284714 Hydrogenolysis of Polyols and Cyclic Ethers On ReOx-Promoted Pt and Rh Catalysts

Thursday, November 1, 2012: 1:50 PM
319 (Convention Center )
David D. Hibbitts1, Qiaohua Tan1, Mei Chia2, James A. Dumesic2 and Matthew Neurock3, (1)Chemical Engineering, University of Virginia, Charlottesville, VA, (2)Chemical and Biological Engineering, University of Wisconsin-Madison, Madison, WI, (3)Departments of Chemical Engineering and Chemistry, University of Virginia, Charlottesville, VA

Selective hydrogenolysis of biomass-derived compounds is one fundamental strategy of producing fuels and value-added chemicals. One class of chemicals of interest are α,ω-diols, which could be useful in polymer applications. Strategies to producing these α,ω-diols include selective hydrogenolysis of polyols, such as glycerol and cyclic ethers, in which the ether ring is opened to form linear diols. In order to achieve high selectivity, the hydrogenolysis of polyols must only activate C-O bonds on secondary carbons (to preserve the alcohol groups at the α and ω positions). Thus, acid-catalyzed dehydration reactions, followed by hydrogenation, should yield the desired saturated diol products. Similarly, during conversion of cyclic ethers, if the ether is substituted with a hydroxymethyl group at a carbon adjacent to the ether oxygen, acid-catalyzed ring opening would preferentially cleave the C-O bond of the substituted carbon, placing hydroxyl groups at the desired α and ω positions.  Recent studies have demonstrated ReOx and other promoters can increase the activity and selectivity of supported Rh and Pt catalysts for these reactions. Characterization has demonstrated that the oxide promoters are partially reduced in the presence of the Pt-group metal and it is known that in the presence of water, these partially oxidized clusters are likely to hydroxylate. Furthermore, NH3 TPD studies have shown strongly bound NH3species, indicative of Brønsted acid sites. These studies have suggested model systems which can be used to demonstrate the acidity of such systems.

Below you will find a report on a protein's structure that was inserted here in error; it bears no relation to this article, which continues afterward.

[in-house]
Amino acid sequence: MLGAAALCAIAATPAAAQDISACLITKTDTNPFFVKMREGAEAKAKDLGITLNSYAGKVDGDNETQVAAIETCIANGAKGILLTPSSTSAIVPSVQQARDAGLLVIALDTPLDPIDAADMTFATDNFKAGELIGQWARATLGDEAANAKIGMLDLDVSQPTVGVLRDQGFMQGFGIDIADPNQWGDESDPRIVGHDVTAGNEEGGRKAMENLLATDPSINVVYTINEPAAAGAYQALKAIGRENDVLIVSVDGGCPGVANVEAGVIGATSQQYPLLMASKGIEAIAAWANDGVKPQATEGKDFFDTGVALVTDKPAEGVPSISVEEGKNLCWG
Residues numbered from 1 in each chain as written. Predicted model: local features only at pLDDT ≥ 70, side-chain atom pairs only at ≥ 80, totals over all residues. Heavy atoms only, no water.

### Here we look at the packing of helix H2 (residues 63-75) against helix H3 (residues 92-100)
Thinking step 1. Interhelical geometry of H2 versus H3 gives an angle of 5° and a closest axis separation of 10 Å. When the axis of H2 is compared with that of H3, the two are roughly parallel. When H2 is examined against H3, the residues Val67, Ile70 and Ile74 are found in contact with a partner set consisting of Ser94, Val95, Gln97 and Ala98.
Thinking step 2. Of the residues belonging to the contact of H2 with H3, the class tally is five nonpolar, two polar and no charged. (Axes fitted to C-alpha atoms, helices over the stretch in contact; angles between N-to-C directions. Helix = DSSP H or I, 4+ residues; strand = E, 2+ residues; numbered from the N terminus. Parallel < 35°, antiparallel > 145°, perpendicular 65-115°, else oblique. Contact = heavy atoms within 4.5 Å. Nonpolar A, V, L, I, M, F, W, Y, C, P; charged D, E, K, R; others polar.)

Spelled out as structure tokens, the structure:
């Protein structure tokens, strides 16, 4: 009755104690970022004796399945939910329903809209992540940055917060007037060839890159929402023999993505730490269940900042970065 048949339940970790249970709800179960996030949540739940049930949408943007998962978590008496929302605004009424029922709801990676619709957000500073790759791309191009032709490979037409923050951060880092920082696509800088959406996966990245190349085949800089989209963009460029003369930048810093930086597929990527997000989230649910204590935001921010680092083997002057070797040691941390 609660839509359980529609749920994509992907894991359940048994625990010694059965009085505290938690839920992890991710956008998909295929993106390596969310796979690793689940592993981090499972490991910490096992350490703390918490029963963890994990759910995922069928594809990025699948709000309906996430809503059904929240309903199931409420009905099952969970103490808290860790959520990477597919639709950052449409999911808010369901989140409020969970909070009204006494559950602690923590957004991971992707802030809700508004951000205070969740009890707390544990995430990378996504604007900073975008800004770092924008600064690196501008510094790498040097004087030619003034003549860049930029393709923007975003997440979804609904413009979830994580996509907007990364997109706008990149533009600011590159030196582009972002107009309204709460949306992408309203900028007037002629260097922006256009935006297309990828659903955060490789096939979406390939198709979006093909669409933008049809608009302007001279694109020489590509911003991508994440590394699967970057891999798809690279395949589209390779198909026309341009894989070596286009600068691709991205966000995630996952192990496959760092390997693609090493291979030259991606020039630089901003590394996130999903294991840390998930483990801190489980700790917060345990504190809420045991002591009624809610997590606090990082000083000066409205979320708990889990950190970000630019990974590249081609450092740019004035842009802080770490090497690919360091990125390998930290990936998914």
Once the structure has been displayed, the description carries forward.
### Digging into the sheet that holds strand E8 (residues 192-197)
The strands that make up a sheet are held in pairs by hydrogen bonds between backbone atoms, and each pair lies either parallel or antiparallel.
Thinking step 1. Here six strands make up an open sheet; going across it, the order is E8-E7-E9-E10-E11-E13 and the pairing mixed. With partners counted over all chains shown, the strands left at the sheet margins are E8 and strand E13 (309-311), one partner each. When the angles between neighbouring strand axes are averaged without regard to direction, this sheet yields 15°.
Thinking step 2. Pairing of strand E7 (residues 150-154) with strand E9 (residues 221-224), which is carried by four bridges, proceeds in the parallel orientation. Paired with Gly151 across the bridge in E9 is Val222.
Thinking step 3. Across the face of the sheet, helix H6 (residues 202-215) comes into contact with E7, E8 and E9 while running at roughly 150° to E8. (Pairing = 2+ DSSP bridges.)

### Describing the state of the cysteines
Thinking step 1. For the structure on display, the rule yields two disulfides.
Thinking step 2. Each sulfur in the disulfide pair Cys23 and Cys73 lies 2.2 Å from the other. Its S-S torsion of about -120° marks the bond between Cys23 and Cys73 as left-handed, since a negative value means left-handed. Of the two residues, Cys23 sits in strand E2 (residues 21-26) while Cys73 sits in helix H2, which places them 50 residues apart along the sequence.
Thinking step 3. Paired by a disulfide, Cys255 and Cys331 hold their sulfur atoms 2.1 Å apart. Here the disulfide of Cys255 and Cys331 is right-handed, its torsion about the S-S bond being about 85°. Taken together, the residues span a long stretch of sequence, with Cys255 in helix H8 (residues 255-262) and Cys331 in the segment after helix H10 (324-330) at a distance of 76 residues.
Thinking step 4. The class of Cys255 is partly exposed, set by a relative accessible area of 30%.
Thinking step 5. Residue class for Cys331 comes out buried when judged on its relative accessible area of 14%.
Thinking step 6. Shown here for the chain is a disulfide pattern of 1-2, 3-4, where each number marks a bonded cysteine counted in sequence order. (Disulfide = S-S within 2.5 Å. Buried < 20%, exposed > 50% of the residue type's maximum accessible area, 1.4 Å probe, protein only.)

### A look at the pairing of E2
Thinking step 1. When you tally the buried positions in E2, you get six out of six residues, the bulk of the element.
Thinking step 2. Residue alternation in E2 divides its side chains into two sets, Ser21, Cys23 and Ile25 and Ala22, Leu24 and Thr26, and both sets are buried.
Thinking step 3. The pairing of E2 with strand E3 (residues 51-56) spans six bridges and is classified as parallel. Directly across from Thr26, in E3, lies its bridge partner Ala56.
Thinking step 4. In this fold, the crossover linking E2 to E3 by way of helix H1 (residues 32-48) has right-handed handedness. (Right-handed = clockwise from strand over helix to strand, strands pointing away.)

In this study, we set out to examine the impacts of 1) alloy composition (altering the fully reduced and partially oxidized metal), 2) particle size, 3) site and structure of the alloy on the nanoparticle. Furthermore, we have demonstrated that ring-opening hydrogenolysis can proceed through an acid catalyzed route on these model surfaces, and that the formation energy of the carbenium ion intermediates correlates to the reactivity of a range of reactants.

Extended Abstract: File Not Uploaded
See more of this Session: Fundamentals of Supported Catalysis I
See more of this Group/Topical: Catalysis and Reaction Engineering Division